Disaster response involves the whole community. To support a united effort, leaders must build a network of trust, establish a history and habit of cooperation, and learn the goals and vulnerabilities of stakeholders. By asking a few key questions, leaders can expand the sphere of their preparedness, response, and recovery efforts.
by National Emergency Management Executive Academy Cohort III -
Many emergency management agencies provide valuable information to assist individuals within their communities to prepare for a variety of disasters. However, a method for measuring the success of such programs is needed to determine their effectiveness and to develop new programs to ensure community resilience.
The whole community concept has come a long way over the past five years, but it is time for the mission focus and community outreach to change with the changing needs of the target populations. To effectively make these changes, the effort will require establishing measurable benchmarks and creatively collaborating with the private sector.
Animal issues are people issues. As such, all species household pets, service and assistance animals, agricultural animals/livestock, wildlife, and other animals (including zoo animals, shelter animals, and animals used in medical research) - must be an integral part of a community's disaster plan at the local, state, and federal levels.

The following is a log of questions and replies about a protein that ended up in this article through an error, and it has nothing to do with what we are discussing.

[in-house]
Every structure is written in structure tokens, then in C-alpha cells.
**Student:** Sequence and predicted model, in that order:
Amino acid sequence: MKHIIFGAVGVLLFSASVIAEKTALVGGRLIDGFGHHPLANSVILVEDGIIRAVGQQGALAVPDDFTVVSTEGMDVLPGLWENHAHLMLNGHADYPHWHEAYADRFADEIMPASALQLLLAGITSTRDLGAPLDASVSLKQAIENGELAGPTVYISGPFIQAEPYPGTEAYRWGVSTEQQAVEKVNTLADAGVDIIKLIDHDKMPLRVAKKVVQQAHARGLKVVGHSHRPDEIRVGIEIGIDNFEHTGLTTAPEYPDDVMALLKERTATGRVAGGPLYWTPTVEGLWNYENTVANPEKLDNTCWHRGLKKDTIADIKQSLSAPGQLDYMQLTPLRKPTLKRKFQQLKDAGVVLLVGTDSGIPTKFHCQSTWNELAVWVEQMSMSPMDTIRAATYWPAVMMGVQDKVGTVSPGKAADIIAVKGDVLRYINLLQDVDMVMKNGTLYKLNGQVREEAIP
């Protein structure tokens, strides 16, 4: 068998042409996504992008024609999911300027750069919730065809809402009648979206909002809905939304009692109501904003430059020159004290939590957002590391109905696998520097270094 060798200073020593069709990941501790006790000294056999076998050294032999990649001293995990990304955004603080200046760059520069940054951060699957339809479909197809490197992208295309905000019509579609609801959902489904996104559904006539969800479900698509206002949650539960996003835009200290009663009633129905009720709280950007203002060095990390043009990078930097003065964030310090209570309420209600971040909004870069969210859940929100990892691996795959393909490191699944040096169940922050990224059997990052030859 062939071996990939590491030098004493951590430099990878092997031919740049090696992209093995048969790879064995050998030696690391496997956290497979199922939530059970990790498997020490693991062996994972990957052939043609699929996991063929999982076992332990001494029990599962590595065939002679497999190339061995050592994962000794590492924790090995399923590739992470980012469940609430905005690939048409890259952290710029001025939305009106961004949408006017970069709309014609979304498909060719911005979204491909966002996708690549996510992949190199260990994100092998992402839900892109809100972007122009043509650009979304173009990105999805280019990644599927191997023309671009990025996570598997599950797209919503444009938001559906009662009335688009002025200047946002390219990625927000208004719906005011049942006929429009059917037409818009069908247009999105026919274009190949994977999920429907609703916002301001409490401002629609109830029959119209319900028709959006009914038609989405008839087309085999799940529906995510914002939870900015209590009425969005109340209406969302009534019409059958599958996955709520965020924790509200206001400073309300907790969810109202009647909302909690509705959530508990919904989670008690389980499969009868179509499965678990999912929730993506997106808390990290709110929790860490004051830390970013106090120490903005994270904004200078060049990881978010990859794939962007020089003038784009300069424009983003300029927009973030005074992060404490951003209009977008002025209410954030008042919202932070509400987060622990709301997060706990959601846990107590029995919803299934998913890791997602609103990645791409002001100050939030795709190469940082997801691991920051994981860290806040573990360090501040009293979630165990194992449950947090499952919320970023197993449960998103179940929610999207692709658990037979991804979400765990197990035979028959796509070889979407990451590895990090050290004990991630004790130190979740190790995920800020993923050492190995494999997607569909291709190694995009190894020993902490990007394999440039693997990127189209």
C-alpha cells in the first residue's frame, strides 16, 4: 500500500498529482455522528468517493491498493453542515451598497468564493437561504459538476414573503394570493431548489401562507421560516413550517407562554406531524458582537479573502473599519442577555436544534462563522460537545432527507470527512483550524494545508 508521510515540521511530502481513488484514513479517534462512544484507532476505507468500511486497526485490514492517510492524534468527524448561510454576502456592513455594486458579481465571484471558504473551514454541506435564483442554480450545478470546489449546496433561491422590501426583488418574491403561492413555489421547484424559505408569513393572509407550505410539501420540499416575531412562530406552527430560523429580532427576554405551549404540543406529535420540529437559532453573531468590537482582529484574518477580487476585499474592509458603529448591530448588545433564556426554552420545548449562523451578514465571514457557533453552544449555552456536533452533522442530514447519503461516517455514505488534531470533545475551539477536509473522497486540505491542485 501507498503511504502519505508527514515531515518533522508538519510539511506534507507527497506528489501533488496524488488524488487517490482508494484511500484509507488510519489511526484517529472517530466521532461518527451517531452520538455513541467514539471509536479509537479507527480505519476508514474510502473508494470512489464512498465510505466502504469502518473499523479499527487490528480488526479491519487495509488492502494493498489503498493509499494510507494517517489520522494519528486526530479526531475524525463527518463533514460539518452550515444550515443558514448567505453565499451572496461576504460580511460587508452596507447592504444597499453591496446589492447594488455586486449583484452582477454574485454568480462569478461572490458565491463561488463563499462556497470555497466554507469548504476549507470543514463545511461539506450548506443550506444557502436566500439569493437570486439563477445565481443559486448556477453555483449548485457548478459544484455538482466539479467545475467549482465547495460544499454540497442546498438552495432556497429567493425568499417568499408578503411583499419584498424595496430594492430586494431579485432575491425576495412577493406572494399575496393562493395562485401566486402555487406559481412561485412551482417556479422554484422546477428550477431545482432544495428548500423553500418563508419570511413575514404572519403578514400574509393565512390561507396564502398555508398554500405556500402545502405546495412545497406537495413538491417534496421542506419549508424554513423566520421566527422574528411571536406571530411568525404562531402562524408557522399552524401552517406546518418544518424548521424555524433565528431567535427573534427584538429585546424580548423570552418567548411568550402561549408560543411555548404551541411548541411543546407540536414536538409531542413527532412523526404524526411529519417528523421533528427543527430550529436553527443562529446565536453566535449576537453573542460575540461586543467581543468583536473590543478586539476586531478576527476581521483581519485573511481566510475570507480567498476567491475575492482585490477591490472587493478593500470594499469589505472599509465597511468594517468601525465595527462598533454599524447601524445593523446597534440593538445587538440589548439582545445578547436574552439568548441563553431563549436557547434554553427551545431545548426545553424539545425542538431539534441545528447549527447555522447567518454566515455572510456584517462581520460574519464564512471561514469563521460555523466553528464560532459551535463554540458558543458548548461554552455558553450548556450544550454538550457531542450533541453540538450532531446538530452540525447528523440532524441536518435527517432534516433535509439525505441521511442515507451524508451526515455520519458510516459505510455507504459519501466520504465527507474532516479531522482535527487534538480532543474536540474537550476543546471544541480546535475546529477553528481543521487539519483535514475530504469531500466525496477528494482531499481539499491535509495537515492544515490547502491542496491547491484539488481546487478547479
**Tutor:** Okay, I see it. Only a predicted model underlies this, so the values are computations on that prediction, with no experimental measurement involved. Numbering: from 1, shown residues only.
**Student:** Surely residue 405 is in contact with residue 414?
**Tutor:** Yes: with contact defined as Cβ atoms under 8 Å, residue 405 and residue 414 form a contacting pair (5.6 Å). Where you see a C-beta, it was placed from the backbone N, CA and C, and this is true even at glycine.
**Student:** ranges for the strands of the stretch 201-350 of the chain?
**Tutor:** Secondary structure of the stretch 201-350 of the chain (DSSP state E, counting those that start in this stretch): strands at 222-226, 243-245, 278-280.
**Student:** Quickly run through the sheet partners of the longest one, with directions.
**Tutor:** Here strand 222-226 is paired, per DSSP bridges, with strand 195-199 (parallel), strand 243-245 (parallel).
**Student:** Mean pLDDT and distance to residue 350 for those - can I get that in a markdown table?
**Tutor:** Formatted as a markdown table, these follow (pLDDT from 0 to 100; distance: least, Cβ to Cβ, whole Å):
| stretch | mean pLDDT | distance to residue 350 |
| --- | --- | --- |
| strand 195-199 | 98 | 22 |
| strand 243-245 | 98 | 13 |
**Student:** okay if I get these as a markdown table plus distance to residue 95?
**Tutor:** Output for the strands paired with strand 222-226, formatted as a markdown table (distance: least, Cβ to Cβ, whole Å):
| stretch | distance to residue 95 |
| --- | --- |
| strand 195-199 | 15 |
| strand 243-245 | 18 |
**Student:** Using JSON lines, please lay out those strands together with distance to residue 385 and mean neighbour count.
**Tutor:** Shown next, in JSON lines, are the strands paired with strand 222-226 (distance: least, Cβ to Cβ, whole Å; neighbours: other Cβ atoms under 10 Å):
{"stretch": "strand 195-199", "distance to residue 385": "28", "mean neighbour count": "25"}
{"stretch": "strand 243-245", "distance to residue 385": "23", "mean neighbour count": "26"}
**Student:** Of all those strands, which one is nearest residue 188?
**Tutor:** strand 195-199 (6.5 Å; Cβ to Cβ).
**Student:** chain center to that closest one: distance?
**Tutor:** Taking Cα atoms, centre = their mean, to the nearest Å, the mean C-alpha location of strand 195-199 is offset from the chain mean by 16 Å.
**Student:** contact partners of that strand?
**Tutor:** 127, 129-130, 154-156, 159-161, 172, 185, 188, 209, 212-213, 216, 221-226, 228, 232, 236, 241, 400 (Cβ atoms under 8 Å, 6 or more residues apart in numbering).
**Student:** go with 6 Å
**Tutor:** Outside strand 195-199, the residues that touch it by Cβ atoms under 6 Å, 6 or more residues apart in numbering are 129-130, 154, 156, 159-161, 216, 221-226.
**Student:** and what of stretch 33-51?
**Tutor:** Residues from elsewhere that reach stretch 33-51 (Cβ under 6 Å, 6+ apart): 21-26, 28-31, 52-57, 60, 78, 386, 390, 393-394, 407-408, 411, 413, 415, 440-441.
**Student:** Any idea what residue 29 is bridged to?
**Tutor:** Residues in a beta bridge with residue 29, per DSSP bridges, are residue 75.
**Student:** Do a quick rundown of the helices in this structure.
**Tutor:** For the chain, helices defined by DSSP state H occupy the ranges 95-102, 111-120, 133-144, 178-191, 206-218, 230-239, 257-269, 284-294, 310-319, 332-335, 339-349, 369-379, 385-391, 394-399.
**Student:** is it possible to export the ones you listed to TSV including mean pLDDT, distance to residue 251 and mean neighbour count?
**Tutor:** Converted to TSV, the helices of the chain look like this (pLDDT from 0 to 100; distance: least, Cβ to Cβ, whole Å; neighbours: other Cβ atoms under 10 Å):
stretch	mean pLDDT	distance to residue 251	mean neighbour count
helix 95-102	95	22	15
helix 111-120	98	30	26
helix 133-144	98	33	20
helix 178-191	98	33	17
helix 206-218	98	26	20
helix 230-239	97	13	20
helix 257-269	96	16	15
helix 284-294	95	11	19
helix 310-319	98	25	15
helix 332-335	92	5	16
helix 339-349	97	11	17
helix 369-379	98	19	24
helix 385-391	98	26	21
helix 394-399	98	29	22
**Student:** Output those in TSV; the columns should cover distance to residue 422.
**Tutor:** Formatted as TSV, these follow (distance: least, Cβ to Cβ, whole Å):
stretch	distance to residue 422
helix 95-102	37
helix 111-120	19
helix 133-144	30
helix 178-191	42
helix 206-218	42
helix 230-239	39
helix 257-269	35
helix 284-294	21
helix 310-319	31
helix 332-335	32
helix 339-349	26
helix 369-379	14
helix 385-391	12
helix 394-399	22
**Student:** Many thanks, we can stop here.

Managing spontaneous volunteers following a disaster can be challenging, but may prove beneficial for a community's response and recovery efforts. A new project is being conducted throughout 2016 to create an outreach and education strategy for harnessing this valuable resource.
Over the years, communities developed a dependence on the federal government for assistance following a disaster. However, such actions are not sustainable and require the support of partners throughout each community. In the modern threat environment, the need for a whole community approach is more important than ever.
The smallest members of a community have the potential to make the biggest changes. Smokey Bear was created in the 1940s to help prevent forest fires. "Duck and Cover" was created in 1951 to teach personal protection in case of a nuclear explosion. The 2010s need a new campaign to help families prepare for a broad range of potential disasters.
Emergency response, information technology, and healthcare communications are three scenarios in which notification systems play a critical role. Recent disasters have demonstrated the benefits of crowdsourcing during response efforts, so notification systems are leveraging this responsiveness through two-way communication technology that can both disseminate and receive information.
In the first week of December 2015, professionals involved in epidemic preparedness at the national level participated in a forum convened by graduate students from Emerging Leaders in Science and Society (ELISS), a leadership development program hosted by the American Association for the Advancement of Science (AAAS), in Washington, D.C.
Recent advances in genetics, genomics, and biotechnology could have devastating implications for bioweapons and genetically engineered diseases. As such, these developments raise the question of whether it makes sense to pull attention away from "classic" biothreat targets, in favor of more technologically advanced options. Immediacy and ease of use may be determining factors.